In recent weeks, the super-power has placed extreme restrictions on many Australian industries, including wine, timber, barley and lobster.
Aussie coal has also been officially banned since October, with steel mills and power plants reportedly being ordered to stay away.
It also emerged that more than 60 ships carrying thermal and coking coal were stranded off the coast of China, unable to unload almost $700 million worth of Australian goods.
Some have been in limbo for months, with ABC citing suggestions that environmental quality issues have been blamed for the delay.
The harsh tactics have caused the price of Australia’s hard-coking coal premium to plunge by 22 per cent since October, with Prime Minister Scott Morrison blasting the informal ban on coal as a “breach to WTO rules” and “obviously in breach of our own free trade agreement.”
But it turns out that the decision still has significant implications for the communist state.
According to The Australian, power shortages are on the rise in China, with millions of people rationing their heating during the winter and restricting the use of elevators.
“You cannot pretend that bad relations between China and Australia have not contributed to this situation,” said the Chinese energy insider.
Last year, Australia supplied more than half of China’s imports of thermal coal to power stations and more than 40% of the nation’s imports of coking coal.
According to Garda World, the world’s largest private security services organisation providing business solutions, energy shortages are expected to impact parts of the provinces of Hunan, Jiangxi and Zhejiang by early February 2021.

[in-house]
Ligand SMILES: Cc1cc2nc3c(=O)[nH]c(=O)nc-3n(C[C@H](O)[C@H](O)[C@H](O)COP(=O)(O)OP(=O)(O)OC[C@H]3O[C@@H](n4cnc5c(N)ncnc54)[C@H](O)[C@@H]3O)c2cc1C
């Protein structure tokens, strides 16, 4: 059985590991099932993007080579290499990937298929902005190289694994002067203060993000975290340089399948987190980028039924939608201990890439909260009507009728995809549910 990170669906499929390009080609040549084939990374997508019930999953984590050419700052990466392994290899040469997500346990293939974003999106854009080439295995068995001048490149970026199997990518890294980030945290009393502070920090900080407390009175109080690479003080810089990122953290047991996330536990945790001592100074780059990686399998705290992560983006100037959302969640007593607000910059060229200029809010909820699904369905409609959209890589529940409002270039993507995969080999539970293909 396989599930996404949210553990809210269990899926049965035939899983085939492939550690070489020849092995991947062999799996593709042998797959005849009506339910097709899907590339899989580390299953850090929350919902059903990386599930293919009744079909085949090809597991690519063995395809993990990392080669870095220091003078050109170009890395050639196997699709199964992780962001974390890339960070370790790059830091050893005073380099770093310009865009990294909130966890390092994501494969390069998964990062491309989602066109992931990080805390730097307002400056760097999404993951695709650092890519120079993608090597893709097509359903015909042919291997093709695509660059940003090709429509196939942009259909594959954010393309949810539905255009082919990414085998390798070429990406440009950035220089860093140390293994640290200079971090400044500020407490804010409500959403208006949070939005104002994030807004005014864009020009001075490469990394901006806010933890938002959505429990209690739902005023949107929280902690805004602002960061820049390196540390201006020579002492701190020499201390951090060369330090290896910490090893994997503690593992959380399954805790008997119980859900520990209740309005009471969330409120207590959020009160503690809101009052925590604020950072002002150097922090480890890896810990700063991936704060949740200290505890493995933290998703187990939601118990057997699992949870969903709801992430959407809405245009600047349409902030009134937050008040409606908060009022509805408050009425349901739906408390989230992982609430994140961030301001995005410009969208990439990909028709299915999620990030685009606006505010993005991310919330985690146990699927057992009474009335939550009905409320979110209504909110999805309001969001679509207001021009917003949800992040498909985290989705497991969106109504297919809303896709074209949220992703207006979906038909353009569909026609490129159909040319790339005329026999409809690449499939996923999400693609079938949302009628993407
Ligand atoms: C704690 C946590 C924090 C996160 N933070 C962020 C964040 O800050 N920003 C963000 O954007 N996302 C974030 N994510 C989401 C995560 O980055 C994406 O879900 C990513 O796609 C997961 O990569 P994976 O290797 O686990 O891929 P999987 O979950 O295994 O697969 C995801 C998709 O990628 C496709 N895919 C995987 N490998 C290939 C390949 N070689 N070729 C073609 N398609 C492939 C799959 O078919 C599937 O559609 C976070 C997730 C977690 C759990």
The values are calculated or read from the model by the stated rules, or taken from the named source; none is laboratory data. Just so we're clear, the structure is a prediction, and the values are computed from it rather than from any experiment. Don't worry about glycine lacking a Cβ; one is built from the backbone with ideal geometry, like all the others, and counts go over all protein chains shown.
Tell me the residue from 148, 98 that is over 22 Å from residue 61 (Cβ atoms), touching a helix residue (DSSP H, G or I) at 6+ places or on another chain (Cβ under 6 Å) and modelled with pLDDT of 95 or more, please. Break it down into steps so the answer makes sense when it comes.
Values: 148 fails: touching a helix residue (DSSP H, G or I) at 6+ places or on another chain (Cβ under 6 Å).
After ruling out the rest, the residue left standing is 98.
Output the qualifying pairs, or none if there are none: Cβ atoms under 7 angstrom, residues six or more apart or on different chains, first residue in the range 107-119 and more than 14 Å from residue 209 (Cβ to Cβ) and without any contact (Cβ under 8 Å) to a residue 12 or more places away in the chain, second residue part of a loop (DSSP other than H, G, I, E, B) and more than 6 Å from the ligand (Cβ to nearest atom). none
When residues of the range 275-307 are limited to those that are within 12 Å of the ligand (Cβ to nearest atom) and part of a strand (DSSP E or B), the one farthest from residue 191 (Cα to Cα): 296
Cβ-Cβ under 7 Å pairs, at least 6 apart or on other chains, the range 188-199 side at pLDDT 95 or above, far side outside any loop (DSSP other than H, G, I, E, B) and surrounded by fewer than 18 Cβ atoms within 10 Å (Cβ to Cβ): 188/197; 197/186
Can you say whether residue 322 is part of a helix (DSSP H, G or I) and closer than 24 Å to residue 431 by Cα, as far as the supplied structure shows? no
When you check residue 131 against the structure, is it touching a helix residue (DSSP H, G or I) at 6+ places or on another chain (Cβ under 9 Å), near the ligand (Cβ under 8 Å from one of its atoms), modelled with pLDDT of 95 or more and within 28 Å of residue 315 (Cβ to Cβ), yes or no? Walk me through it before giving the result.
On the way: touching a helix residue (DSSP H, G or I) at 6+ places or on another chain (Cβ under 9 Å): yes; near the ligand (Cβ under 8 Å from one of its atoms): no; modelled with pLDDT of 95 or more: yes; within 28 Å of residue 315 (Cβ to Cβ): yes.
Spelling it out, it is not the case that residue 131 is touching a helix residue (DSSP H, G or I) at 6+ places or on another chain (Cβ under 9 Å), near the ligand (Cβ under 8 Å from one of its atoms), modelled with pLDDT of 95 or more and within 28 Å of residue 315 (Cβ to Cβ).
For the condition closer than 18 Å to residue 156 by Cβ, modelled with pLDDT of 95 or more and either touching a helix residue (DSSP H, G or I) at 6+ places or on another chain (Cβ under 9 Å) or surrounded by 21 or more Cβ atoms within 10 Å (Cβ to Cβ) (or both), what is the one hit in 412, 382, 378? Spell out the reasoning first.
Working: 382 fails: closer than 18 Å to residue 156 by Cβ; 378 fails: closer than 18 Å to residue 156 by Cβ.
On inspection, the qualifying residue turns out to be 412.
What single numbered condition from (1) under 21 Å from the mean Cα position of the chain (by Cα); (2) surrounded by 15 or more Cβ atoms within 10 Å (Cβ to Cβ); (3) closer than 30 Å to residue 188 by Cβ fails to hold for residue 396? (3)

This could lead to temporary commercial and communications disturbances, including cell phones, as well as traffic disruptions caused by malfunctioning traffic signals and train delays due to impacted signalling systems or overhead wires.
Supply chains and critical facilities, such as ATMs and gas stations, may also be affected, with officials forcing a variety of factories to work during off-peak hours only.
Earlier this month, the price of coking coal in China rose to a four-year high, with analysts at the Chinese financial information platform Hexun Futures believing that restrictions on Australian coal were a contributing factor.
As a result, China had to purchase coal from Canada, which is one of the only viable choices left – and lack of competition almost instantly led to higher prices.
The South China Morning Post also notes that coal prices have risen to a level not seen since May last year since October,” with the Chinese National Reform Development Commission’s spokeswoman saying, “We have seen coal prices rise recently and this has caused widespread concern in society.”
The publication reported that import restrictions helped push up the price of coal, with imports falling 15 per cent in November from the back of the Australian and Indonesian coal restrictions, according to the Trading Economics report.